5. Responsive to Local Contexts

Pentecostal mission was inherently flexible, responding creatively to different contexts. Pentecostalism both absorbed and transformed the religio-cultural context wherever it went.


The wildfires of Pentecostalism were chaotic, unpredictable and out-of-control. When human organizations attempted to quench the flames, as they often did, this futile effort resulted in new fires breaking out in other places and the further proliferation of new churches.

Pentecostalism has been most successful in the Majority World where half the world's Christians live today, where forms of Christianity are very different from what Westerners often assume they must be.

How the West was won

Methodist Circuit Rider-2

There has been a lot of discussion recently about the decline of mainline churches and it causes. Some excellent work has been done by Roger Finke and Rodney Stark two sociologists who dabble in history.

Finke and Stark have examined denominational statistics on the US church between 1776 and 1850. They concluded that “the so-called Protestant ‘mainline’ began to collapse rapidly, not in the past several decades as is widely supposed, but in the late 18th Century. Hence by 1850 the Baptists and Methodists — vigorous, evangelical sects in that era — dominated the religious landscape. The key factor they argue was the infection of the ‘mainline’ denominations with secularism and the resulting loss of vigor in evangelism. The result was that the mainline churches watched from the safety of the larger towns and cities along the Atlantic seaboard while the Baptists and Methodists moved West with the frontier.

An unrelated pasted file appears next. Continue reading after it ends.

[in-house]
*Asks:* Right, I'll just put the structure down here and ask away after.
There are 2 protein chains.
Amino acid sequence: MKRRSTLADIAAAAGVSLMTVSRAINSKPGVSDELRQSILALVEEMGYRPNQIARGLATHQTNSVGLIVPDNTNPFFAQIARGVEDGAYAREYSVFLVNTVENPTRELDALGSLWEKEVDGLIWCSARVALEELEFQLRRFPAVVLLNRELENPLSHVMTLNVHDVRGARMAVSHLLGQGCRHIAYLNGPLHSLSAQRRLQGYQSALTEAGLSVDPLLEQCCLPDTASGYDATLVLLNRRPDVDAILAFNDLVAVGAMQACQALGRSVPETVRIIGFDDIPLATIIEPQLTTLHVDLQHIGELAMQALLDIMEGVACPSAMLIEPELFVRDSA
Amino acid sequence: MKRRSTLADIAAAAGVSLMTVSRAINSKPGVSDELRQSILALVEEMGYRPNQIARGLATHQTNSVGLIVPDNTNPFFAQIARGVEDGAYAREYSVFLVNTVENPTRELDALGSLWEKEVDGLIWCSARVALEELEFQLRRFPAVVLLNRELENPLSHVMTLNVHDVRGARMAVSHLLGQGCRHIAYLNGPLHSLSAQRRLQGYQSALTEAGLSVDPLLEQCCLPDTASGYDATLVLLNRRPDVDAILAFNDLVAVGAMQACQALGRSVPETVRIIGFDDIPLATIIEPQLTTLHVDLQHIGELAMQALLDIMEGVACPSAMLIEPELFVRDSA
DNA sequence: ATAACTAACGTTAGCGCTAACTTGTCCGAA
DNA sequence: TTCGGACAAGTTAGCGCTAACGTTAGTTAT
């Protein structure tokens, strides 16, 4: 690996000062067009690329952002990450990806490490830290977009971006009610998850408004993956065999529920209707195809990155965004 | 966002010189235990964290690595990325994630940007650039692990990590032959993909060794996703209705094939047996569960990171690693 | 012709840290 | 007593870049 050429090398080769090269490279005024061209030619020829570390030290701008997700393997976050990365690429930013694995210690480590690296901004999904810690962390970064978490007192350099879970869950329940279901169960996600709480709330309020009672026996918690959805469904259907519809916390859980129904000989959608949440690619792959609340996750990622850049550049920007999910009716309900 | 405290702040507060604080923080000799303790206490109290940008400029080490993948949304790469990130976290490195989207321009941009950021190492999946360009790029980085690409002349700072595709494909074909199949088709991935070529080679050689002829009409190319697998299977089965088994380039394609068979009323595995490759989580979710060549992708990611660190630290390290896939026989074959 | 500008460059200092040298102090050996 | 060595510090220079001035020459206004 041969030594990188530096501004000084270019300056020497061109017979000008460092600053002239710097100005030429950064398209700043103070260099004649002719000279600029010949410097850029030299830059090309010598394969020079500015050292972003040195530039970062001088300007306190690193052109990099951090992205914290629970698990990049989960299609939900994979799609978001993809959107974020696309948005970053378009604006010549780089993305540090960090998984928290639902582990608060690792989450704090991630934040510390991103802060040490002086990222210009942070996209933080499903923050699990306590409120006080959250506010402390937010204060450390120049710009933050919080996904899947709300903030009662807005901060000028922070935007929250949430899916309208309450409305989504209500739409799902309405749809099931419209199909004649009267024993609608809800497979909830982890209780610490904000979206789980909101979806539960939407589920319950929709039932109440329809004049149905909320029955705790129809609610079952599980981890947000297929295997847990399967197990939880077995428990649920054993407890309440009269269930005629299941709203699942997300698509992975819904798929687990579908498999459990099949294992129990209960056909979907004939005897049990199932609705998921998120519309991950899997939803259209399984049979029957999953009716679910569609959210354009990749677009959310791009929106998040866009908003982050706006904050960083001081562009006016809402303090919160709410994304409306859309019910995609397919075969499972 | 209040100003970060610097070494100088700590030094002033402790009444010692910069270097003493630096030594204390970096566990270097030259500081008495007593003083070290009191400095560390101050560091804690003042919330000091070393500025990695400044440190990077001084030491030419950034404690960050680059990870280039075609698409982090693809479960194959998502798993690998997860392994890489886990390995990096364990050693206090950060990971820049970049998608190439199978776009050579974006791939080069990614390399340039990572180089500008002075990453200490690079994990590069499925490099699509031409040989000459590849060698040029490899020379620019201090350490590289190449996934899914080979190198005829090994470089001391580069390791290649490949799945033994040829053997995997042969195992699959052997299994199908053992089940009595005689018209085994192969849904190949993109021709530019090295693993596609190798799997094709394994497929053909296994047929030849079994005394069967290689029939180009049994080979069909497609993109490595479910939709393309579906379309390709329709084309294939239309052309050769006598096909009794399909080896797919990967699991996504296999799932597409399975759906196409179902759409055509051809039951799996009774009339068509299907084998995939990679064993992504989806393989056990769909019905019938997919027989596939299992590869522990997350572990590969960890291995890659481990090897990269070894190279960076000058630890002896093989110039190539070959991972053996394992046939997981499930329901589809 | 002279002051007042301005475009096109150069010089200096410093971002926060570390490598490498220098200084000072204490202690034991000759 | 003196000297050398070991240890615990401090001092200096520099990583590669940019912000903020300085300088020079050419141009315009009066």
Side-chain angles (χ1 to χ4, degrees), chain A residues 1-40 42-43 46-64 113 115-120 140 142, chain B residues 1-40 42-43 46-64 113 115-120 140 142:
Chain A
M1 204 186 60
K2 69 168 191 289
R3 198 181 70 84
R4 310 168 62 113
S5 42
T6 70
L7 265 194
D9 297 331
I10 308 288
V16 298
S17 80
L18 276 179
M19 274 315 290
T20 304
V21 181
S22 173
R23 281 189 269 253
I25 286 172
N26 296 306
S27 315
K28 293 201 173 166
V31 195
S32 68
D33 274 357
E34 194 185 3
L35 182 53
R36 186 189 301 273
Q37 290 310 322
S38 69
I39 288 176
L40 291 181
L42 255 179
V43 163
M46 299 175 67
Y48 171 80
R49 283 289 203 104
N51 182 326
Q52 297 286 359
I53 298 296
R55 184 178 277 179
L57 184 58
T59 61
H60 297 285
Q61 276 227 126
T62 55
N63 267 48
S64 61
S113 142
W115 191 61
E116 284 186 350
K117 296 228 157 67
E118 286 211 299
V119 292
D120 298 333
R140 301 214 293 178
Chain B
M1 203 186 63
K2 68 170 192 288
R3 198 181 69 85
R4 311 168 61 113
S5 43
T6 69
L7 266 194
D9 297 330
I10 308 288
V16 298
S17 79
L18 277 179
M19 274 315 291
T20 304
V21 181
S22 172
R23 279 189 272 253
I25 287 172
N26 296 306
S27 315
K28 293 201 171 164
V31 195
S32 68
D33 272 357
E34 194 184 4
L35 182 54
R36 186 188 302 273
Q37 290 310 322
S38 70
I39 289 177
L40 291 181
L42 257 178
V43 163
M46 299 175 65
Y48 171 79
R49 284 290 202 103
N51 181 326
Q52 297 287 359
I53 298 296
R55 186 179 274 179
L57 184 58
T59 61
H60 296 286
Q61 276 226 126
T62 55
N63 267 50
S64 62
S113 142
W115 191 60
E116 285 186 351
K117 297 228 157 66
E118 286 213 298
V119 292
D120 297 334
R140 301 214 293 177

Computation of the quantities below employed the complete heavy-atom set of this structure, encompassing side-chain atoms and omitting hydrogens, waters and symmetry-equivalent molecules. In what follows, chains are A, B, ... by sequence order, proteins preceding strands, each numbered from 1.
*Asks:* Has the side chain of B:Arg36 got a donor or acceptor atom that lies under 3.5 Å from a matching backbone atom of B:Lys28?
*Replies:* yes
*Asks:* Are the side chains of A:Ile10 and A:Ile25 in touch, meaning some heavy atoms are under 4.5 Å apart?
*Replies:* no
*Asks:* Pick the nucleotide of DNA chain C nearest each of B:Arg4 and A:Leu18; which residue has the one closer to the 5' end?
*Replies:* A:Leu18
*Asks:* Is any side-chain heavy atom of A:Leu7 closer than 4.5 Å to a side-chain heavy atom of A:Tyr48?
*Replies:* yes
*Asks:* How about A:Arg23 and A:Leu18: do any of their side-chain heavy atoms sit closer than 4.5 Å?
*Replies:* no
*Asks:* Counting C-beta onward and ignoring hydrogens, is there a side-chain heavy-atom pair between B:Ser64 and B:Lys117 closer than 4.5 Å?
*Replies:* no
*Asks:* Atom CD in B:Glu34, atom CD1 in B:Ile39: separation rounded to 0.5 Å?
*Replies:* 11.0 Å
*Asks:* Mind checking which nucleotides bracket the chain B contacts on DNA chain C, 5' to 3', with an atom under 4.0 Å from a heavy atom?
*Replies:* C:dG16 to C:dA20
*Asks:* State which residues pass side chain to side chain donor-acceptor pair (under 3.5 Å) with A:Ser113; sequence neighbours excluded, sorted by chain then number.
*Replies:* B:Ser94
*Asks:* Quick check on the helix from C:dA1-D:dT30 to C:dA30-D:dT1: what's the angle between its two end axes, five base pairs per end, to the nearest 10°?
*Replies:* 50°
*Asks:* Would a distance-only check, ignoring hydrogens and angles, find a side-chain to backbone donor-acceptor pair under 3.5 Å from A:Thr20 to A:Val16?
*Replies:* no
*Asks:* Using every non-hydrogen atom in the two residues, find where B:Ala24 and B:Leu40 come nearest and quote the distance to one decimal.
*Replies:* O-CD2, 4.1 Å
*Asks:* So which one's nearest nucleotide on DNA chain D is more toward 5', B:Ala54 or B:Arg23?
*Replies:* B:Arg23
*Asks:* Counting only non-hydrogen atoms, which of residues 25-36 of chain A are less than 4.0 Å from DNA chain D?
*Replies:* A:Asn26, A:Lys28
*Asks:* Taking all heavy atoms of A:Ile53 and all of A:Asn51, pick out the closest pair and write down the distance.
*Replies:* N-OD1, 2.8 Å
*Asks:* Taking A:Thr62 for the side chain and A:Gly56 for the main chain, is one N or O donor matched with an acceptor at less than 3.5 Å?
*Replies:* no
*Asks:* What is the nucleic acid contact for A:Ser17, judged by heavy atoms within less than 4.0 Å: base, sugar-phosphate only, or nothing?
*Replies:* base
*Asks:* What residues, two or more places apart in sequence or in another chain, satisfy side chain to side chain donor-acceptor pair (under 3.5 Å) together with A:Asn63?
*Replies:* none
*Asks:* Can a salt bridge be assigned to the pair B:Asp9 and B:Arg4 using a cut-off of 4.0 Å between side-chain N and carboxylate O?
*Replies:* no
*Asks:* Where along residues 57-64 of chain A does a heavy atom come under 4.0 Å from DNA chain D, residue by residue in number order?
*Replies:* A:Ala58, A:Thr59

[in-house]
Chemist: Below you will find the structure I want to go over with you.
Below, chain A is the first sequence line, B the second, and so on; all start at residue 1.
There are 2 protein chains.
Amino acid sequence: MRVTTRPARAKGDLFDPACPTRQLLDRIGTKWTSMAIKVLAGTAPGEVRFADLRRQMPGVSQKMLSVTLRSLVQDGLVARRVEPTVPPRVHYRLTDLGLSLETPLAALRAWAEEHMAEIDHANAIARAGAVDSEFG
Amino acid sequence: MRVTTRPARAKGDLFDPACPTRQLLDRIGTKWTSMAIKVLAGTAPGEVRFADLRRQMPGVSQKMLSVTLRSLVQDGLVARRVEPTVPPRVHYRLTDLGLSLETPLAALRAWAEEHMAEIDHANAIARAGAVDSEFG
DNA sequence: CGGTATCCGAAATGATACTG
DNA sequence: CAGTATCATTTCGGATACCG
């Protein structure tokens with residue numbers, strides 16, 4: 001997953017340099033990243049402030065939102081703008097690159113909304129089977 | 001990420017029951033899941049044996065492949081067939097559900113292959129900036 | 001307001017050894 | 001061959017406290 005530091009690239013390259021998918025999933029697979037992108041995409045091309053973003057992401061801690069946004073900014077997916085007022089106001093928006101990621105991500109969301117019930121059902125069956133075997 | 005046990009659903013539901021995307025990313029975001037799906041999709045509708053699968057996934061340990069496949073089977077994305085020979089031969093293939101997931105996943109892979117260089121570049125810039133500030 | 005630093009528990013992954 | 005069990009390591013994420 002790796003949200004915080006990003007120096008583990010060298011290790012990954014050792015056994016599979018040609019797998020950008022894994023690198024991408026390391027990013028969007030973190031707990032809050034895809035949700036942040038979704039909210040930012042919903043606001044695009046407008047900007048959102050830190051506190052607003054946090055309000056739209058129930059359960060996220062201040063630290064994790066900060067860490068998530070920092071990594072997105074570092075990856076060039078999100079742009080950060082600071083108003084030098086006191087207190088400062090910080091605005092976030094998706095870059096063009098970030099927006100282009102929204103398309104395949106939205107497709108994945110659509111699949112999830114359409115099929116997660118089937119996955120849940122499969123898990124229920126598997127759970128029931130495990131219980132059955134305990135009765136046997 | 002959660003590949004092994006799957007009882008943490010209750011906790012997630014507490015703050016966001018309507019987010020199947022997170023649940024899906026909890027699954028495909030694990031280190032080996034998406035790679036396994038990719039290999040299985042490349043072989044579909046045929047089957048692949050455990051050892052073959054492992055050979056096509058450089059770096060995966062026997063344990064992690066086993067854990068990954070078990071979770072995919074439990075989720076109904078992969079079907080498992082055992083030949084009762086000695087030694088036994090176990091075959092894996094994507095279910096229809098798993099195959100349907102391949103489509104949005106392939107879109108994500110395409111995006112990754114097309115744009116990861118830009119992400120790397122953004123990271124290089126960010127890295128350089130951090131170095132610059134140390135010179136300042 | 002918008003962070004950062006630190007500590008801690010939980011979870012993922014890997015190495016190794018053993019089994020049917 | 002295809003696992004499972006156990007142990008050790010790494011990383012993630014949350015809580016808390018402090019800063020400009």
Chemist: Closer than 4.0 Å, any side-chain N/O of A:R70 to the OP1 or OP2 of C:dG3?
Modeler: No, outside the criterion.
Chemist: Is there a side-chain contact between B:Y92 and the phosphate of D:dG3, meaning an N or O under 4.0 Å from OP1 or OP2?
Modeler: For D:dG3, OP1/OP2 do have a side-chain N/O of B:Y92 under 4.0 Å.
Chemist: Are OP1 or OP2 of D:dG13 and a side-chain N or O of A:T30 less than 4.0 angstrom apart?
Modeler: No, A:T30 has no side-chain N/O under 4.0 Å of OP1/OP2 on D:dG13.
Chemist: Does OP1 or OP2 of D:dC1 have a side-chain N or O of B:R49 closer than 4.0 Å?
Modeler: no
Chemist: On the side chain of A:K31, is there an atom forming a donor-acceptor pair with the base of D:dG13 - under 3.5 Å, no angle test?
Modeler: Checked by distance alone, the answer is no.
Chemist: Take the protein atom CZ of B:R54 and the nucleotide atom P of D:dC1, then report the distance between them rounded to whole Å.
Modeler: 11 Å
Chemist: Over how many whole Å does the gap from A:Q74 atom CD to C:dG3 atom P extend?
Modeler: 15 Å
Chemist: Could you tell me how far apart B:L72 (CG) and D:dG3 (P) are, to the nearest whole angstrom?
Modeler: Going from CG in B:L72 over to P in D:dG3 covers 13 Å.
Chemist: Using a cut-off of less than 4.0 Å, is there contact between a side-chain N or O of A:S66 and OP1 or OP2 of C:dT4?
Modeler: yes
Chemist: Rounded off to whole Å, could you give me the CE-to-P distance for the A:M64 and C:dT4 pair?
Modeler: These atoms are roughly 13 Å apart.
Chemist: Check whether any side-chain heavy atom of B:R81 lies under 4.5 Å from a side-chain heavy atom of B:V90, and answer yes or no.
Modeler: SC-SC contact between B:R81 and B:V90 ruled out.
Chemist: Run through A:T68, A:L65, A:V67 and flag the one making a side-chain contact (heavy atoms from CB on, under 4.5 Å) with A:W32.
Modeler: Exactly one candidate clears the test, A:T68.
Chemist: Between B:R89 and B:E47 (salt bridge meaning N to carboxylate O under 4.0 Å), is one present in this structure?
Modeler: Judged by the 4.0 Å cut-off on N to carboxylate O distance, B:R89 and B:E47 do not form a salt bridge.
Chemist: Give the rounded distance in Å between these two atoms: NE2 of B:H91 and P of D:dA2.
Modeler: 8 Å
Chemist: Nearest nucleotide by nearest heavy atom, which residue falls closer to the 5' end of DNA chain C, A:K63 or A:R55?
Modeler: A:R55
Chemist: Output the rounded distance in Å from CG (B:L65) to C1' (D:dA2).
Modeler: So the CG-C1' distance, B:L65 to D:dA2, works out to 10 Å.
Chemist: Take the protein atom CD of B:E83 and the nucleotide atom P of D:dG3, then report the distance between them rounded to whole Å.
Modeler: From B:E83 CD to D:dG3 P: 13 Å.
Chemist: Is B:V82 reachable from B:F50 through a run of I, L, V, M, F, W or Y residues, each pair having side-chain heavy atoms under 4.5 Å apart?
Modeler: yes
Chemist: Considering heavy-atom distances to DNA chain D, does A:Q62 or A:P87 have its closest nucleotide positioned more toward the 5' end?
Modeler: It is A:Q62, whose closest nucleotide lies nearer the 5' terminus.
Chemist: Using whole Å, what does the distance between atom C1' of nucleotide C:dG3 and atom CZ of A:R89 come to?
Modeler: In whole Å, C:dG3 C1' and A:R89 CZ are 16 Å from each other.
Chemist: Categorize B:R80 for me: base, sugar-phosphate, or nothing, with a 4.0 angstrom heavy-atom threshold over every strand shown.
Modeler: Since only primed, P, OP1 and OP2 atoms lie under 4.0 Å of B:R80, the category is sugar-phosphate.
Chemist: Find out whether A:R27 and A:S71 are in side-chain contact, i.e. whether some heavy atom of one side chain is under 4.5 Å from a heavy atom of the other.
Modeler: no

These two denominations grew significantly because they reached previously unchurched people. In 1776 only 17% of the poppulation was affiliated with a church. By 1850 that number had doubled to 34%. Most of the growth was as a result of the gains by the Methodists and Baptists on the frontier. Why? A key factor was the secularisation of the mainline denominations. ”The religious message had become too vague, too accommodated and too secular to have broad appeal.“